Groves, a transfer from Oklahoma, tied the game at 50-50 with a long jump shot. He finished with eight points, as did McKneely, whom the Huskies hounded into 3-for-12 shooting. Off the bench, redshirt freshman swingman Leon Bond III and freshman guard Elijah Gertrude combined for 11 points.
Northeastern’s perimeter defense created opportunities for the Hoos in the paint, and No. 2 took full advantage. Time and again, Groves said, he’d set a ball screen for Beekman “and let him cook, which was working … Obviously, he was the guy that was making things happen for us tonight. So it was our job to get him open, to put him in position to do what he does best. And that’s exactly what happened. He was really big-time down the stretch, especially with that last shot he made.”
The Hoos were “unsound defensively for stretches of the first half and then a little bit in the second half,” Bennett said. “But that was our only chance—to toughen up—and then someone needed to make some plays.”
Beekman was usually the one doing so Saturday night.
“He’s a really hard kid to keep out of the lane,” Coen said. “He’s got tremendous quickness and explosiveness and ball-handling ability. And he’s got the ability to make tough midrange shots over length. He made a bunch of those today.”
In his first three seasons at UVA, Beekman shared ballhandling duties with Kihei Clark and was known more for his defense than his offense. But he’s hit several game-winners during his career, including a last-second 3-pointer against Duke at Cameron Indoor Stadium in February 2022, and he’s expanded his offensive repertoire this season.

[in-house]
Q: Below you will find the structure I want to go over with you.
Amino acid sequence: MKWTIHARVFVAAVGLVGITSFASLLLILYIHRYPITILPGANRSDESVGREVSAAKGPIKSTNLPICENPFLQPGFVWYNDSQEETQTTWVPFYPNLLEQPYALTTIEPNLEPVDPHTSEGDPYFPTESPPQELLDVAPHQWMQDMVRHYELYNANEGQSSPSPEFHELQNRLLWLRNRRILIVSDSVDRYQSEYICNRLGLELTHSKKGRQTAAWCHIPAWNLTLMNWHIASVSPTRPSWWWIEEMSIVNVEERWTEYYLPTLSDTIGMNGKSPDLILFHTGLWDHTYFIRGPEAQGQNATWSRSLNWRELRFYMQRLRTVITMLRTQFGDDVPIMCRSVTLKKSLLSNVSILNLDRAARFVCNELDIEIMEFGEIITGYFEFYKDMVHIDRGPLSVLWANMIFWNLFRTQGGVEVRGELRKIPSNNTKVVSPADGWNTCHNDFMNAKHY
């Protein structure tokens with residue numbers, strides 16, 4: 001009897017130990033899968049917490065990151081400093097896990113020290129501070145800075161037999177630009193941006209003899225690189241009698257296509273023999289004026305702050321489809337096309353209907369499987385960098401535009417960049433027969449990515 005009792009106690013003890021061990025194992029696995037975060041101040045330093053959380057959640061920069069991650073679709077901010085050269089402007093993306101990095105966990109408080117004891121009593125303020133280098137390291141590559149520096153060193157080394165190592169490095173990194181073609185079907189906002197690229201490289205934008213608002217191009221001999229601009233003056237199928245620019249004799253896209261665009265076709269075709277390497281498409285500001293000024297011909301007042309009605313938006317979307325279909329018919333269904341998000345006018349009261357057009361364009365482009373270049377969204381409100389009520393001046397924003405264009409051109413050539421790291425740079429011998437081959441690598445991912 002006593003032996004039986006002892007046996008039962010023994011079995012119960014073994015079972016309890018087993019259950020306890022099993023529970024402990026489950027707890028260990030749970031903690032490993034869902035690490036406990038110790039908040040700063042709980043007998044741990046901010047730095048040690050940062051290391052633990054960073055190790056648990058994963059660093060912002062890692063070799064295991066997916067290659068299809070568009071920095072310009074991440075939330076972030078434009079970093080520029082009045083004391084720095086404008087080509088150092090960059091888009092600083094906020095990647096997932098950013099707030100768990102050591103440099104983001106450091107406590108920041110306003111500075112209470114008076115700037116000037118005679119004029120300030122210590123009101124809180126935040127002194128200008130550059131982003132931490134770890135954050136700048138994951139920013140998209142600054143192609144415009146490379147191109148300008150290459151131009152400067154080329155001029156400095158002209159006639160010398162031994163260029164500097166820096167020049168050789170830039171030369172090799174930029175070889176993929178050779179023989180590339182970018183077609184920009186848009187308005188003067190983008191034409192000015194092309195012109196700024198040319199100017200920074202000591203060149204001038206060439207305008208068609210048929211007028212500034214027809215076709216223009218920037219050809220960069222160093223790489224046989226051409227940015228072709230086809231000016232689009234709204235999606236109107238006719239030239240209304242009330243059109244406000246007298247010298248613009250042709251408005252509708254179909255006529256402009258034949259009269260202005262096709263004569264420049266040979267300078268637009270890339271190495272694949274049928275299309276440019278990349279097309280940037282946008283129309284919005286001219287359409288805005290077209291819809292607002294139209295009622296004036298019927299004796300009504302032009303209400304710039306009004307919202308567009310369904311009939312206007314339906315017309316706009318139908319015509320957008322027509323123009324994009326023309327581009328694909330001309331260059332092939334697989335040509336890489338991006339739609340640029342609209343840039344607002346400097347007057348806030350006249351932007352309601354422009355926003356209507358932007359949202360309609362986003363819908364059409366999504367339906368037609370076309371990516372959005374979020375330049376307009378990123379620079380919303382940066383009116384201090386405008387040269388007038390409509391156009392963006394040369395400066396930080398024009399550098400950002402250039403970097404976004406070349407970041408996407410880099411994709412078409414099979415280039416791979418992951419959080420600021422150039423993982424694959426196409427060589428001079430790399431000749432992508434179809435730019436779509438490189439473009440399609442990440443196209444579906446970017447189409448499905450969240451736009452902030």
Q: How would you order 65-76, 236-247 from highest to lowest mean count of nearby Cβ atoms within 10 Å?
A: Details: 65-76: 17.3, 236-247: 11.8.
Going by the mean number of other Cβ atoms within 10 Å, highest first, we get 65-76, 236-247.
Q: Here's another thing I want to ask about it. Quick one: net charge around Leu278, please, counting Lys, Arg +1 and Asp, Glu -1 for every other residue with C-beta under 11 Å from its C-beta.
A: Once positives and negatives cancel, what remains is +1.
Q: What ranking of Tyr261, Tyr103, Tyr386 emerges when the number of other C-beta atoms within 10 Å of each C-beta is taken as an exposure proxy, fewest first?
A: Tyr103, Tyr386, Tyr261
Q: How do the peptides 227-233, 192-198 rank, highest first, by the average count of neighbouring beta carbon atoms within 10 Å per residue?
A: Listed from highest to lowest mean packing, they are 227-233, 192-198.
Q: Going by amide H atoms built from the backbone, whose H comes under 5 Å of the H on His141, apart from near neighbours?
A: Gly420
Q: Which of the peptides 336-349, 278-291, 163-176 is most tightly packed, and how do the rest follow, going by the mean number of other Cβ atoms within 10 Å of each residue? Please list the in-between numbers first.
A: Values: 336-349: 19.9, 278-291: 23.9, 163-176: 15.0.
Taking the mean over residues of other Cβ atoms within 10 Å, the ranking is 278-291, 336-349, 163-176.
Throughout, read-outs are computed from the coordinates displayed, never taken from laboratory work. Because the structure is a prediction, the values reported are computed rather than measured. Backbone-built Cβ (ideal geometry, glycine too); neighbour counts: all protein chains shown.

He’s still inconsistent from the perimeter—Beekman is 7 for 27 from long range this season—but he’s made 41 of 78 attempts (52.6 percent) from inside the arc.
“I think he’s really, really good at, once he gets an angle on a guy, just keeping that angle and then using his body to kind of bump and hang in the air and then finish,” Groves said. “It’s something that I see a lot in practice and it’s cool to see it translate to the game, him having his way with the defense and just having the ability to make those one-on-one plays.”
Final exams ended Friday at the University, and the game was the Cavaliers’ first since Dec. 5. In its previous games against non-Power Five opponents—Tarleton State, North Carolina A&T, Texas Southern and North Carolina Central—Virginia wasn’t seriously tested. Saturday night was different.
“This was hard,” Bennett said. “Every possession mattered defensively and offensively. There was legitimate game pressure. Guys had to step up. When a mistake was made. you felt it. You knew [the Huskies] were a play away from opening the thing up. And so I just think there’s incredible value in that and we haven’t had a game like that [in a while].”
Groves said: “I think we’ve got a locker room full of very grateful guys that we got [the win].”
UP NEXT: The Cavaliers have two non-conference games left. The first is Tuesday night, when Virginia plays at Memphis in a much-anticipated matchup that will air on ESPN2 at 7 o’clock Eastern. The Tigers improved to 8-2 with a 79-77 victory over No. 13 Clemson on Saturday at FedExForum in Memphis.
“Great opportunity,” Beekman said. “Kind of different styles. We’re going up against their fast pace … so it’s just gonna be a battle.”
This will be only the second meeting between these programs. In March 2014, UVA defeated Memphis 78-60 in Raleigh, N.C., in the NCAA tournament’s round of 32.
Former NBA All-Star Penny Hardaway is in his sixth season as head coach at Memphis, his alma mater.